The right engine was examined and mounted on an engine test stand. Approximately 20 minutes into the test, the engine sustained a partial loss of power. Additional testing determined that O-rings in the engine’s throttle and control assembly had been improperly installed.
According to documentation for the airplane, the minimum approach speed with both engines operating at gross weight of 6,200 pounds is 95 KIAS. For a normal landing at a weight of 4,300 pounds, the airplane should be at 79 KIAS when passing over a 50-foot obstacle prior to the runway. However, with one engine out, the minimum control speed is 82 KIAS.
According to the FAA’s Airplane Flying Handbook: “If an engine fails below Vmc while airborne…the final approach should be made with power and at a speed recommended by the manufacturer, but in no case less than critical engine-out minimum control speed (Vmc).”
The NTSB determined that the probable cause of this accident was that the pilot didn’t maintain minimum controllable airspeed while on final approach with a partial loss of power in the right engine, which resulted in a loss of control. Contributing to the accident was the partial loss of engine power in the right engine due to the improperly installed O-rings in the engine’s throttle and control assembly.
A Piper PA-24 Comanche crashed about 450 yards north of the approach end of runway 30 at the Ernest A. Love Field, Prescott, Ariz. The pilot and passenger were fatally injured. A post-impact fire broke out. The planned destination was unknown.
Witnesses located at various points on the airport told investigators that during its initial climb, the airplane didn’t appear to be more than 150 or 200 feet above the ground. The witness reports agreed that the airplane was “slow,” was flying at a high angle of attack, and at times porpoising in the air. When the airplane had reached a point above the intersection of runways 21L and 30, it was in a shallow left bank that continued to increase before impacting the ground and bursting into flames. The witnesses also reported that the landing gear had been retracted prior to the airplane initiating the left bank. Two witnesses reported hearing a strong engine sound while on the takeoff initial climb; however, they also reported that at some point they weren’t able to hear the engine.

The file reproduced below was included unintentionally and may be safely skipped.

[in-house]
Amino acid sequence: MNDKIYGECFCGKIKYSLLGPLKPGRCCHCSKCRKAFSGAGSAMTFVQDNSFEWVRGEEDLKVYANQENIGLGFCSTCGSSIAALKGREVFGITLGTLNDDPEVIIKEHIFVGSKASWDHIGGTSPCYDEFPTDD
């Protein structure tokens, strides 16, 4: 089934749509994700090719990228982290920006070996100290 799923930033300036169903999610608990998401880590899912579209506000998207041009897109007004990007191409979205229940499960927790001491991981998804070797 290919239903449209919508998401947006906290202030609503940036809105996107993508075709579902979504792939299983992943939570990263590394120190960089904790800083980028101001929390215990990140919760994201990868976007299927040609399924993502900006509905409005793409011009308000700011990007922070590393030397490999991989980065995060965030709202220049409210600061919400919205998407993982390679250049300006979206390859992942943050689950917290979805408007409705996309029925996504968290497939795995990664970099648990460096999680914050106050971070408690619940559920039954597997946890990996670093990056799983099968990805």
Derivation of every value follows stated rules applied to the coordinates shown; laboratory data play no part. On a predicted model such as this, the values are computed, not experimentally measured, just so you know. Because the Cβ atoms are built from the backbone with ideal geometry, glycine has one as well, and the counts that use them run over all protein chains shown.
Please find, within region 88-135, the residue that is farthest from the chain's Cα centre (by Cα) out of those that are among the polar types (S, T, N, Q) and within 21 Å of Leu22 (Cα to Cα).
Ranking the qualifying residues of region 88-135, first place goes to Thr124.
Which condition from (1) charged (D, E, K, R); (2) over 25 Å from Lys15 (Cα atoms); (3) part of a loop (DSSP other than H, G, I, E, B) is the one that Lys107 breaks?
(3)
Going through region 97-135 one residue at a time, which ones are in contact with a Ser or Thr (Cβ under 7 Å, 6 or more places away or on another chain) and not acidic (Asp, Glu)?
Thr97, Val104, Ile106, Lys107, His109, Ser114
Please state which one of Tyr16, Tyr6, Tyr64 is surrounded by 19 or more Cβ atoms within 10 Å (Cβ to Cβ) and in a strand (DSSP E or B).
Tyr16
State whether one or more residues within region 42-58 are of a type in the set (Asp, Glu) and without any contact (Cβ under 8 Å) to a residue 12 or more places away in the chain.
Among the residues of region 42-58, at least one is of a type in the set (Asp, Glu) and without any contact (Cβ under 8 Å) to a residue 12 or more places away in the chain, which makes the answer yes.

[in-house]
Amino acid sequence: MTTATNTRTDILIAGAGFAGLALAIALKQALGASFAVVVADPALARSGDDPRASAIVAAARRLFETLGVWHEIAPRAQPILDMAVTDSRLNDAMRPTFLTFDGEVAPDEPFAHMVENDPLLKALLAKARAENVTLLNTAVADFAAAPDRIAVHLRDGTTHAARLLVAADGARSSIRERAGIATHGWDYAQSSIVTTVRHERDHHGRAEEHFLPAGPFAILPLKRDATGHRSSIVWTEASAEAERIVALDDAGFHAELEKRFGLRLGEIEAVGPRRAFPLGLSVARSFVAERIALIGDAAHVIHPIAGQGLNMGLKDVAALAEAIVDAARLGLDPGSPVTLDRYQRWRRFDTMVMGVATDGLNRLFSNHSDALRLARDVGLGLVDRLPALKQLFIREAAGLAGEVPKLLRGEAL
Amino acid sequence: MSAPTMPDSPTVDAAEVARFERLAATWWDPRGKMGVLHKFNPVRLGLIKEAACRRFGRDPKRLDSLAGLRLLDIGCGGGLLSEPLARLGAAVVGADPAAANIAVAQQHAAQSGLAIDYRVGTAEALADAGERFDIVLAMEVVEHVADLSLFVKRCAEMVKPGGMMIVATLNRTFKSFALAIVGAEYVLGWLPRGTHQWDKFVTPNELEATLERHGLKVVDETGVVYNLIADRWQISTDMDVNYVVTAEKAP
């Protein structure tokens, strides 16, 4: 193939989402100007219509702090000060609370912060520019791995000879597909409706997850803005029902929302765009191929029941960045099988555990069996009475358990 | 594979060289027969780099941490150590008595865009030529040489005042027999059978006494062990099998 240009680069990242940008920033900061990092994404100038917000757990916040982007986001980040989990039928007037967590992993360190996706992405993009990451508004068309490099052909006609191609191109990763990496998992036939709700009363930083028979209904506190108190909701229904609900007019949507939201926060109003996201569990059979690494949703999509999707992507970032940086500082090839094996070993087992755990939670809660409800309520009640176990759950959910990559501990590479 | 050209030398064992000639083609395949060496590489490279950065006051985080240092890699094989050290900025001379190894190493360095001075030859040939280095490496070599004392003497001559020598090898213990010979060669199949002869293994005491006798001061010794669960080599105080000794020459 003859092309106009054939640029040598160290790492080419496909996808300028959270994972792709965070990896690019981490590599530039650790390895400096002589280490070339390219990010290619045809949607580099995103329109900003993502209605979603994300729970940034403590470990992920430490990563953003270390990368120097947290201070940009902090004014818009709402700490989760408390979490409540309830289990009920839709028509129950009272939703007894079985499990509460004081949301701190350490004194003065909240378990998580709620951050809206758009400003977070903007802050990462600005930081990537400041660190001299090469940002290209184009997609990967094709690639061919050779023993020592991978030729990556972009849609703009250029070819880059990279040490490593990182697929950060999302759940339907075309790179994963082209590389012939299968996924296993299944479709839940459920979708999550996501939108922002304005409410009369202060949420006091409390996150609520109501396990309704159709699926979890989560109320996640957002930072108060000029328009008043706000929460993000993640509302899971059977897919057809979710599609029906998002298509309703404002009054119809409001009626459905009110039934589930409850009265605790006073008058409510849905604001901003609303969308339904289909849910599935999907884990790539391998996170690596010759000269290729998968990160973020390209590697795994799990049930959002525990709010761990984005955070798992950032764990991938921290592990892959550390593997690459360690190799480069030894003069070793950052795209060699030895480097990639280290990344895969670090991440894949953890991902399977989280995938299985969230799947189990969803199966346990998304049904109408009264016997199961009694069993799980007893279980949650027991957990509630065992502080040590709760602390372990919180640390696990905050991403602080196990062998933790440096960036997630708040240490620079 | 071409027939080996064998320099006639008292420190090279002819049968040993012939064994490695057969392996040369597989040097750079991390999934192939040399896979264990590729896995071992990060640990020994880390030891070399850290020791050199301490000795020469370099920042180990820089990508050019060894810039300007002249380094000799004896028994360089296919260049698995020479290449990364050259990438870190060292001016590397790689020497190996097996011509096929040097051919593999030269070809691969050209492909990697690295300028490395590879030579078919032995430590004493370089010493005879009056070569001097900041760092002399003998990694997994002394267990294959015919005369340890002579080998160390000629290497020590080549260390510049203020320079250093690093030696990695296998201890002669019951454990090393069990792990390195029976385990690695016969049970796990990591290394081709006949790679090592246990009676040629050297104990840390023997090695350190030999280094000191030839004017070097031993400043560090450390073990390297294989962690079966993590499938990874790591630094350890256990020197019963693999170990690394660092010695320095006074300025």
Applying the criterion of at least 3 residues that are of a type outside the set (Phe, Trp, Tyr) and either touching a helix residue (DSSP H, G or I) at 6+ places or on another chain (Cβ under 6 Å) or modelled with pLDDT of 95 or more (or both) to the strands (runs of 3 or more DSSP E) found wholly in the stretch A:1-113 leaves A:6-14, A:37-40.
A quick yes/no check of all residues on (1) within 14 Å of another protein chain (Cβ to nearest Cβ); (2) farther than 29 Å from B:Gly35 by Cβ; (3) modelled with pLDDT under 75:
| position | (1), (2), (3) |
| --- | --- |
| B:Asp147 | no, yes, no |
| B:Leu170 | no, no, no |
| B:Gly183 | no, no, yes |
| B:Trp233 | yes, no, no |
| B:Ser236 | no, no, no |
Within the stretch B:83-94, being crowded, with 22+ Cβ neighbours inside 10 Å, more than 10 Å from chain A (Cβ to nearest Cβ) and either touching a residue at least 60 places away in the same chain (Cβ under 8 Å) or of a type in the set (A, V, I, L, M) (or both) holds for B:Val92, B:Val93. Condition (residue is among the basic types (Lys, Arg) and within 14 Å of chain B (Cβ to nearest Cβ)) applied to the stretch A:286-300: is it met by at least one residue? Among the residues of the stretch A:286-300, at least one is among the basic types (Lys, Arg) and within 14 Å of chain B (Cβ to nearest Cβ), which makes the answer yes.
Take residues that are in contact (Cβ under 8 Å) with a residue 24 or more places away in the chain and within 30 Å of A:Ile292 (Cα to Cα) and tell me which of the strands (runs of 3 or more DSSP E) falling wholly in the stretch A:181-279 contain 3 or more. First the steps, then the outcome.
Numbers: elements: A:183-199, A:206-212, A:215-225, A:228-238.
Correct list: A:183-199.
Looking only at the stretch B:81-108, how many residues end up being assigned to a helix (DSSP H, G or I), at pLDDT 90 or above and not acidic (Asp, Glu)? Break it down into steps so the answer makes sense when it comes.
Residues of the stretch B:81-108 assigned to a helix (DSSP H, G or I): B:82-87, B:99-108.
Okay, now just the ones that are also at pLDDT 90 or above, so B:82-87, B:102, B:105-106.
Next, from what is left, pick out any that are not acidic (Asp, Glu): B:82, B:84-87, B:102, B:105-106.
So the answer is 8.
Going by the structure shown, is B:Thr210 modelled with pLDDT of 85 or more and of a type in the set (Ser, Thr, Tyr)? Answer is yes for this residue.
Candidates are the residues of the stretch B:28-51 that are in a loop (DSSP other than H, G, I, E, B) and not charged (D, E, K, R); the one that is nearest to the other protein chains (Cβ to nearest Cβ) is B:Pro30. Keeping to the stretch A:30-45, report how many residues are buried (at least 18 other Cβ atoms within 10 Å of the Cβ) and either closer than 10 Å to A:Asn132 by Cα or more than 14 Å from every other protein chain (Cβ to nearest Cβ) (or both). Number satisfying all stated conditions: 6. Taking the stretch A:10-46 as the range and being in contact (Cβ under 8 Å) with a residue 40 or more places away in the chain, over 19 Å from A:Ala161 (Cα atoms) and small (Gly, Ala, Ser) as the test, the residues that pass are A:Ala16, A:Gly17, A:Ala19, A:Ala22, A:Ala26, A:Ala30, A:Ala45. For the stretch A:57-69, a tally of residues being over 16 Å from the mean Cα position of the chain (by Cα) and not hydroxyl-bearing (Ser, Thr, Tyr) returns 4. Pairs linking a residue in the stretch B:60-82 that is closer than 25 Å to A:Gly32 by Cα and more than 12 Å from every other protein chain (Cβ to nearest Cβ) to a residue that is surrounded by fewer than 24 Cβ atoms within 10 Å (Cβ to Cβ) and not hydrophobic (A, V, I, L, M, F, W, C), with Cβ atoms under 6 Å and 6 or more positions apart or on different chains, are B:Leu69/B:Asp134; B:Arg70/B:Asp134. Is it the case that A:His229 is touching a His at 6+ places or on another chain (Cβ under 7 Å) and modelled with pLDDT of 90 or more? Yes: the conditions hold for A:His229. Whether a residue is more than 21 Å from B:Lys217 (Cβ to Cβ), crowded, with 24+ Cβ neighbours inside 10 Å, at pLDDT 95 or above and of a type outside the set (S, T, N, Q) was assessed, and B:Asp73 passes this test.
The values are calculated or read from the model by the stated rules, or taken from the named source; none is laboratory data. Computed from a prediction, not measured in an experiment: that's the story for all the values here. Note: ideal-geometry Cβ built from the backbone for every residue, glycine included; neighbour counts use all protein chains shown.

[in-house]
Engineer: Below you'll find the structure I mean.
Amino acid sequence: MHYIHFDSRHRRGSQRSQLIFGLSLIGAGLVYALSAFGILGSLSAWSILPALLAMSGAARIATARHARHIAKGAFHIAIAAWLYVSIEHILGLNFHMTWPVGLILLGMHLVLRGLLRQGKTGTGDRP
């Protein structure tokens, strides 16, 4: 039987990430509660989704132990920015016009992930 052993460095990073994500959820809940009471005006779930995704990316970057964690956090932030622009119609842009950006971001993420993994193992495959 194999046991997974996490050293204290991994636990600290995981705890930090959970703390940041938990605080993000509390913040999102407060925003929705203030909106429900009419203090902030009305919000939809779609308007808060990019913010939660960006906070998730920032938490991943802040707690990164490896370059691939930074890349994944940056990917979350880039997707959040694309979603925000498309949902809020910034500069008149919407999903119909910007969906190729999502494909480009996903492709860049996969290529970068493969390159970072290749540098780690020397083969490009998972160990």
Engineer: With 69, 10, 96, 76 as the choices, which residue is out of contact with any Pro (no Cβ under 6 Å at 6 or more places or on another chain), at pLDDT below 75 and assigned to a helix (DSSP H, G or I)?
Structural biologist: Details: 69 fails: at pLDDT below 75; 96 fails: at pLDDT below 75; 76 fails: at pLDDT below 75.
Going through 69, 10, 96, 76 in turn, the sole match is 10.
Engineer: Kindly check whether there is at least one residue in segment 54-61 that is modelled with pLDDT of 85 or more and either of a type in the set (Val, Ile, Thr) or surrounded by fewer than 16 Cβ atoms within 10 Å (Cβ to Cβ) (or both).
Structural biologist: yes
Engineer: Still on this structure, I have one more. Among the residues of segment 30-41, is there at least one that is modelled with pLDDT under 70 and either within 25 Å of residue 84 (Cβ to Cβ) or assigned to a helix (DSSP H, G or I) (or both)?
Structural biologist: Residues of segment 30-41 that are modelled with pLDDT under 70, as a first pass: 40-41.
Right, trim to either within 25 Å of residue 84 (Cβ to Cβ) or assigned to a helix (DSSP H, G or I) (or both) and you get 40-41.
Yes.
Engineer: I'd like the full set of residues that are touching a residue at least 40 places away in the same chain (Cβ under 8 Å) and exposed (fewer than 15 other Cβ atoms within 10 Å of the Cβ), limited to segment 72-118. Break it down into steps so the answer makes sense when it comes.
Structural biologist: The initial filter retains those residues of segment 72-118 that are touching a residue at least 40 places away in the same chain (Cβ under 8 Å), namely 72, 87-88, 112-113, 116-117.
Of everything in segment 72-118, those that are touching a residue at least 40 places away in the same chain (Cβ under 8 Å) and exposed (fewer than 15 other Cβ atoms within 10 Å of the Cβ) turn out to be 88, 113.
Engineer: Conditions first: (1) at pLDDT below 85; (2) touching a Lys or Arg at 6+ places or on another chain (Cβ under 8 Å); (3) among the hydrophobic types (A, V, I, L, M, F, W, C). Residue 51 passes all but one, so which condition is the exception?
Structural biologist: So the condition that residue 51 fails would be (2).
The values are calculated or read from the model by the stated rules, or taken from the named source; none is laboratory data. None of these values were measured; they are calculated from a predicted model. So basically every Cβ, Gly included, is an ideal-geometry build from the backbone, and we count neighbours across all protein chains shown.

The weather observation at the time of the accident included wind from 200 degrees at 9 knots gusting to 19 knots, temperature 32 degrees C., dew point -08 degrees C. and a calculated density altitude of 7,896 feet.
According to the FAA, the flight had been cleared for a full-length takeoff on runway 21L. Tower control personnel reported that at the intersection of runways 21L and 30, the pilot stated, “Comanche zero four Papa has to come back.” The controller cleared the pilot to land on runway 30. There were no further transmissions from the pilot. Runway 21L was 7,626 feet long and 150 feet wide. The field elevation is 5,045 feet.
The private pilot had logged a total of 750 flight hours.
The NTSB determined that the probable cause of this accident was the pilot’s failure to maintain an adequate airspeed while maneuvering to return to the runway at a high-density altitude, which resulted in an aerodynamic stall.